by Lindsay Randall, historical/paranormal (2008)
LoveSpell, $6.99, ISBN 978-0-505-52765-3
Phantom is one of those books that make me shudder and wonder whether the author has even read what she is writing. The heroine, Robyn Sinclair, is easily one of the most grotesque heroines ever when it comes to the brainpower department, and her rampant stupidity fuels this story all the way to the farthest reaches of the universe and back again. Factor in the author's overwrought purple prose and this book becomes nearly unreadable.
Our hero, Dax, has long left behind a life that he barely remembers in order to brood and sigh over the fact that some inner darkness inside him, called the Phantom, is threatening to take over him. No, the Phantom doesn't sing, in case you're wondering. When he was twelve, he was introduced to a six-year old girl, Robyn, who was his betrothed. Alas, disaster happened shortly after and these two were separated. Which is good, if you ask me, or this book will have to be shelved under "special interests", appealing to only a section of society that live in isolated farm lands and have to make do with sheep until their ten-year old cousin from the Ozarks arrives to be their wife.
Cut to today, when Robyn, older but for some reason dumber than ever, decides that she will never marry some man she finds disgusting. She is pining for that boy she met years ago for, oh, all of fifteen minutes so you can really tell that this is true love, folks. Can you feel the magic moonbeam and shiny sparkles shooting out from her eyes to enthrall you with her sexy innocence? So, in order to avoid being married, Robyn has a plan. You know what they say - when a historical romance heroine comes up with a plan on her own, you have better run for the bunkers and say your prayers.
Any way, Robyn decides that she will hire an actor to engage in a compromising clinch with her so that she will be discovered and therefore be ruined forever and ever. It doesn't work. She gets beaten instead but the plan is still on. Robyn decides that she now has to run away. So what she does is to take her time to load the carriage with what seems like all her wardrobe while she writes a letter to some maiden aunt of hers. That may make sense, the plan, if the maiden aunt in question is the guerrilla leader in some South American country, armed to the teeth with machine guns and more and backed by a bunch of bloodthirsty soldiers, but no, we are really talking about a maiden aunt here. After reaching her destination, she decides that maybe she doesn't need all those things so she's sending them back.
As for Dax, he factors into the heroine's absolutely ridiculous attempt at a plan by - what else? - rescuing her. Naturally, she is far from grateful despite learning that he is the same man who has ignited the red hot fires in her six-year old loins all those years ago. She believes that he is a smuggler, so now she loathes him. And to show her loathing, she does amazing things like running deeper into a dark network of caves without any torch or matches or even a clue where she is going in order to escape the hero.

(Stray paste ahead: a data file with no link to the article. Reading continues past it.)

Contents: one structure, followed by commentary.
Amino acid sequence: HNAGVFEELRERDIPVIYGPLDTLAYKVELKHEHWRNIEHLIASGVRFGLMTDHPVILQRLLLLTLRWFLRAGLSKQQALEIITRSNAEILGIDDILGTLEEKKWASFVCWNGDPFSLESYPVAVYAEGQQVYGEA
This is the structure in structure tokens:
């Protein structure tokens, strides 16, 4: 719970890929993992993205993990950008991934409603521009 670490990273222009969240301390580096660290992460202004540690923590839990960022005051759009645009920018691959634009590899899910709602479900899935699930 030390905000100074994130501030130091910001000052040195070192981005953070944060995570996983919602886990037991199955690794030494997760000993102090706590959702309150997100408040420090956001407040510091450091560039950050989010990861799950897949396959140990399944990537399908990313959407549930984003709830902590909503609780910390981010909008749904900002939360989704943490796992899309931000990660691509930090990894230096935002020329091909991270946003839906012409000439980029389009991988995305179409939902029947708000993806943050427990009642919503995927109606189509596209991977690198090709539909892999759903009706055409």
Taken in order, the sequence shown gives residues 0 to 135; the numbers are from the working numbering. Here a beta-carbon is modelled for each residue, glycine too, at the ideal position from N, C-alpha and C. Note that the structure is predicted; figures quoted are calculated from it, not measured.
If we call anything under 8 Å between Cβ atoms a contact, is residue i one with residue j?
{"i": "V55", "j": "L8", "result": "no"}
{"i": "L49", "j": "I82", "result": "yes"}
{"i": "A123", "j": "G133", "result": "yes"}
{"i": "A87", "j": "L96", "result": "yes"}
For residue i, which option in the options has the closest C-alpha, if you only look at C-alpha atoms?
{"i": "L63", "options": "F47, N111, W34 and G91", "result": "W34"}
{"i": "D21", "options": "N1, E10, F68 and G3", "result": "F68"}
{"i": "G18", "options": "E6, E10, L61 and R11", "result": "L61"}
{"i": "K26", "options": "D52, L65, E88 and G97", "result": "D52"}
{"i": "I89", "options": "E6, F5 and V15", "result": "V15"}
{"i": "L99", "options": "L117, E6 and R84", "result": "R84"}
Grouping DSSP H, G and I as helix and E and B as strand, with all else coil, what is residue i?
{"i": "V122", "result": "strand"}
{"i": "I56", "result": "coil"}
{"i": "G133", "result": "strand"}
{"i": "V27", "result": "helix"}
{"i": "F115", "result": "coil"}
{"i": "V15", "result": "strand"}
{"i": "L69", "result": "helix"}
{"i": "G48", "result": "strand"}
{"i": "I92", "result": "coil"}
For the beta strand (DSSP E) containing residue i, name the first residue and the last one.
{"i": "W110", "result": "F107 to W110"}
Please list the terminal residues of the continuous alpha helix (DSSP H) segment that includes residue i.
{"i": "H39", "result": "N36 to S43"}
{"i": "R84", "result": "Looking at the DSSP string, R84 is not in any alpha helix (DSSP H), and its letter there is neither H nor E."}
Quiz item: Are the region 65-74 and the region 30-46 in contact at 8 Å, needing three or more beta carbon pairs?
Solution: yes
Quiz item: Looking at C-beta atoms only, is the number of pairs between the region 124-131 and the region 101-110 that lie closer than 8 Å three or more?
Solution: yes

Let's just say that Robyn is a heroine who should die ten million times over for being a complete, utter, total, and absolute waste of carbon material, oxygen, and everyone's time.
As for Dax, he is an emo, constantly brooding and singing the blues about how he is not good for the walking sunshine that is Robyn. He would be boring in another book, but here, Robyn makes him come off like a genius.
The prose of this author is described as "lush" according to the publicity material, and I agree if being a "lush" is what it takes for me to make my way through this book without suffering from a stroke. The author writes in such an overwrought manner that I often feel as if I'm reading some kind of horrible parody of a historical romance. In the prologue alone, we have a twelve-year old boy going, "Perhaps my father does not hate and fear me as much as I have believed all these years." Or, even better, "Sometimes I feel as though I have come from nothing and - and am headed for nothing. It is as though I have no past and will never have a future." A twelve-year old boy! Everyone here, be they twelve or fifty, speak as if they are reading aloud from a particularly overwrought and melodramatic Gothic novel. The end effect may be amusing if the prose and the heroine combined haven't made me feel as if I'm being sledgehammered from all sides by the incessant awfulness of this terrible, terrible book.
On the bright side, I managed to finish Phantom without having blood gushing out from every orifice in my head like I feared. I hope I won't read another book as dire as this one anytime soon, though, because I'd like to retain my faith in humanity a little while longer.
This book at Amazon.com
This book at Amazon UK
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